"So Jake, just tell us yes or no is that the voice?" O'Keefe fired off.

Following the report's publication, the investigateCNN's official Twitter account where the story was posted from was suspended. "Twitter took down the video, and it was at one point 1.3 million views," Posobiec said. "Why is Twitter taking down a video exposing this guy who's fantasized about an underage girl?"

Pivoting, the two also blasted the Biden administration's Department of Justice that has waged months-long lawfare against Project Veritas and O'Keefe.

"This was something that quite literally came to you and came to your doorstep," Posobiec preluded O'Keefe's most recent fight against the establishment.

President Joe Biden's adminstration has weaponized the Department of Justice to carry out its bidding and investigate Project Veritas for acquiring Ashley Biden’s diary. The possession of the diary belonging to Biden's daughter has become a high-profile matter of prosecutorial inquiry. Back in early November, the FBI raided two residences associated with Project Veritas in connection to the diary. Days later, FBI agents launched a predawn raid on O'Keefe's own home.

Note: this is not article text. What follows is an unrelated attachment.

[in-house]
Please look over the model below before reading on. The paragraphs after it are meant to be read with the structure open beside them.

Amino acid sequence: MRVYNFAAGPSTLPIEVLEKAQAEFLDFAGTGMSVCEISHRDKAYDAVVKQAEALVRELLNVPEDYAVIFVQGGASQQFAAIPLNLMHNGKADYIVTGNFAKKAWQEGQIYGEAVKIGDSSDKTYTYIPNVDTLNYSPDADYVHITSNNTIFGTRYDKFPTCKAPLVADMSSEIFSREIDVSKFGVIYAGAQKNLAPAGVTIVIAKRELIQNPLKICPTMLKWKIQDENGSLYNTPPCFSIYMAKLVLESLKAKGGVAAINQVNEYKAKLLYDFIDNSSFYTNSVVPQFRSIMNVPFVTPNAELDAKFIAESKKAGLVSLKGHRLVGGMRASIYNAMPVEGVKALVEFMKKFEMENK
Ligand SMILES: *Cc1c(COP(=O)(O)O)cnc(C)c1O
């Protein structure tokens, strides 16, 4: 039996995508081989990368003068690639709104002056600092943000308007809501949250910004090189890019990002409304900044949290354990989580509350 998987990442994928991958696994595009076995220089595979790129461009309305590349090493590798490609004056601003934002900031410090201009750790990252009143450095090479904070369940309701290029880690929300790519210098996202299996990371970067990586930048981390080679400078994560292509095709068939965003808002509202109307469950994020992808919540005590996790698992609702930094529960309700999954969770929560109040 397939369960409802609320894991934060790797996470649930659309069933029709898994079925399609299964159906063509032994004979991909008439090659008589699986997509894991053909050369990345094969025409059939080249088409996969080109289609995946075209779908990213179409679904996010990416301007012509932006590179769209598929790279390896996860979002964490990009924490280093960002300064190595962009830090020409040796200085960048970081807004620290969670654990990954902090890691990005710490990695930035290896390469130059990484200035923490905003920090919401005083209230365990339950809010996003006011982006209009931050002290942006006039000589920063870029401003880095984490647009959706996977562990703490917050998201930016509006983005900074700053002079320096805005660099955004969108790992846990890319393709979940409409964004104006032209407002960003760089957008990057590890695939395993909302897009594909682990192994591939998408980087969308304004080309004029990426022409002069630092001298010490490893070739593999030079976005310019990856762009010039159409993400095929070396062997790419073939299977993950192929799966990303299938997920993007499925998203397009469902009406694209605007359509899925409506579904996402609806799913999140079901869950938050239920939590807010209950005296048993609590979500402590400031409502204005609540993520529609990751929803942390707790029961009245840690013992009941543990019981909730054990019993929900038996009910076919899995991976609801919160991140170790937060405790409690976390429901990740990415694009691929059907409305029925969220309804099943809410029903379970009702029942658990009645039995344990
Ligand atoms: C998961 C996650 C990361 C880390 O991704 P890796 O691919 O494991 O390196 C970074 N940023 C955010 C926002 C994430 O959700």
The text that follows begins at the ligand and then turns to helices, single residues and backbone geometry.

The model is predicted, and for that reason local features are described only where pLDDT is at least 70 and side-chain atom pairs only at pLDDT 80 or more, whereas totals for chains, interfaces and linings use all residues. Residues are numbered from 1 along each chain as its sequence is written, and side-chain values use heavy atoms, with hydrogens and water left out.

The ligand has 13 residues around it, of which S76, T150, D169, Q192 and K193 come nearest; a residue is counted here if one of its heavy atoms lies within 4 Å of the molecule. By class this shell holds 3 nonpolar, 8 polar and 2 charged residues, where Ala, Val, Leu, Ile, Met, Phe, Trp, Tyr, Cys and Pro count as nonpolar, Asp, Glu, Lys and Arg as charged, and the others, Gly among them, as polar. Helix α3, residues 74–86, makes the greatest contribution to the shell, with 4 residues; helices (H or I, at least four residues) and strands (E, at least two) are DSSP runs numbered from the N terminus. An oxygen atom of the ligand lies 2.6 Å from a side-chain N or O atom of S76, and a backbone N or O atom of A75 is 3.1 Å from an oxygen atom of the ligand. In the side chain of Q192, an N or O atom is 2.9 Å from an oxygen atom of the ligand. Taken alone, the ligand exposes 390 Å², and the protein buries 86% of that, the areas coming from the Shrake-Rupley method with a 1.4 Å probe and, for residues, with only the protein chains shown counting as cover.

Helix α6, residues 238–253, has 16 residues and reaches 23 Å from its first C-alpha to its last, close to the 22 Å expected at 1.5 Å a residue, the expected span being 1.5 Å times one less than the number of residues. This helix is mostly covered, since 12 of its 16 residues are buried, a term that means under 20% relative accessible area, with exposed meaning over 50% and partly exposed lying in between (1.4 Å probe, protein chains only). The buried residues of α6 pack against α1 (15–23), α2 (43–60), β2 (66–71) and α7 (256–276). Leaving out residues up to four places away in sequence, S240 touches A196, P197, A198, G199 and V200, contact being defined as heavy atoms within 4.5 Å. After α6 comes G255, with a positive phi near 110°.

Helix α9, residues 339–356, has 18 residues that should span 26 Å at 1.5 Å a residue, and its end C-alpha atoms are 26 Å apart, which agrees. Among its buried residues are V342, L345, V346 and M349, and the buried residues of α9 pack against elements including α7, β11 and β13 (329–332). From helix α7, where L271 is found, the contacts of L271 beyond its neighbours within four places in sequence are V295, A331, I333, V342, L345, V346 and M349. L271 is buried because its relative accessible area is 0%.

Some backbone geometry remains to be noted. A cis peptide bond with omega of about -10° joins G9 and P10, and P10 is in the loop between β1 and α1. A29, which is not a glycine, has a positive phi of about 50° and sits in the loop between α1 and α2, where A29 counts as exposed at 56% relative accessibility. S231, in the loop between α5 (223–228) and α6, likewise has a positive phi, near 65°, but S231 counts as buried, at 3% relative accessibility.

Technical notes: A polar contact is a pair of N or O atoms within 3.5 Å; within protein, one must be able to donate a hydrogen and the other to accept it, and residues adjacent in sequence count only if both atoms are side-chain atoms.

O'Keefe described the chaotic scene when dozens of federal agents appeared with a battering ram to seize cell phones pursuant to a court order as he stood handcuffed in a hallway. "They've sort of crossed a Rubicon that they've never yet crossed before," O'Keefe said. "And they were doing it sort of because I am a journalist."

"They don't believe in equal justice under the law," O'Keefe continued, noting that the prosecutors claimed in motions to the court that he is not a journalist because he doesn't receive permission from the subjects Project Veritas reports on.

O'Keefe lambasted the "absurd" argument. "It's the law of non-contradiction. The whole point of journalism is to report on things that they don't want reported on. Otherwise, you're just an ombudsman for the fraudsters," O'Keefe quipped.

Posobiec prompted O'Keefe to divulge more details about the FBI situation. "Where do things stand now or, as far as you know, are able to tell us?" he asked.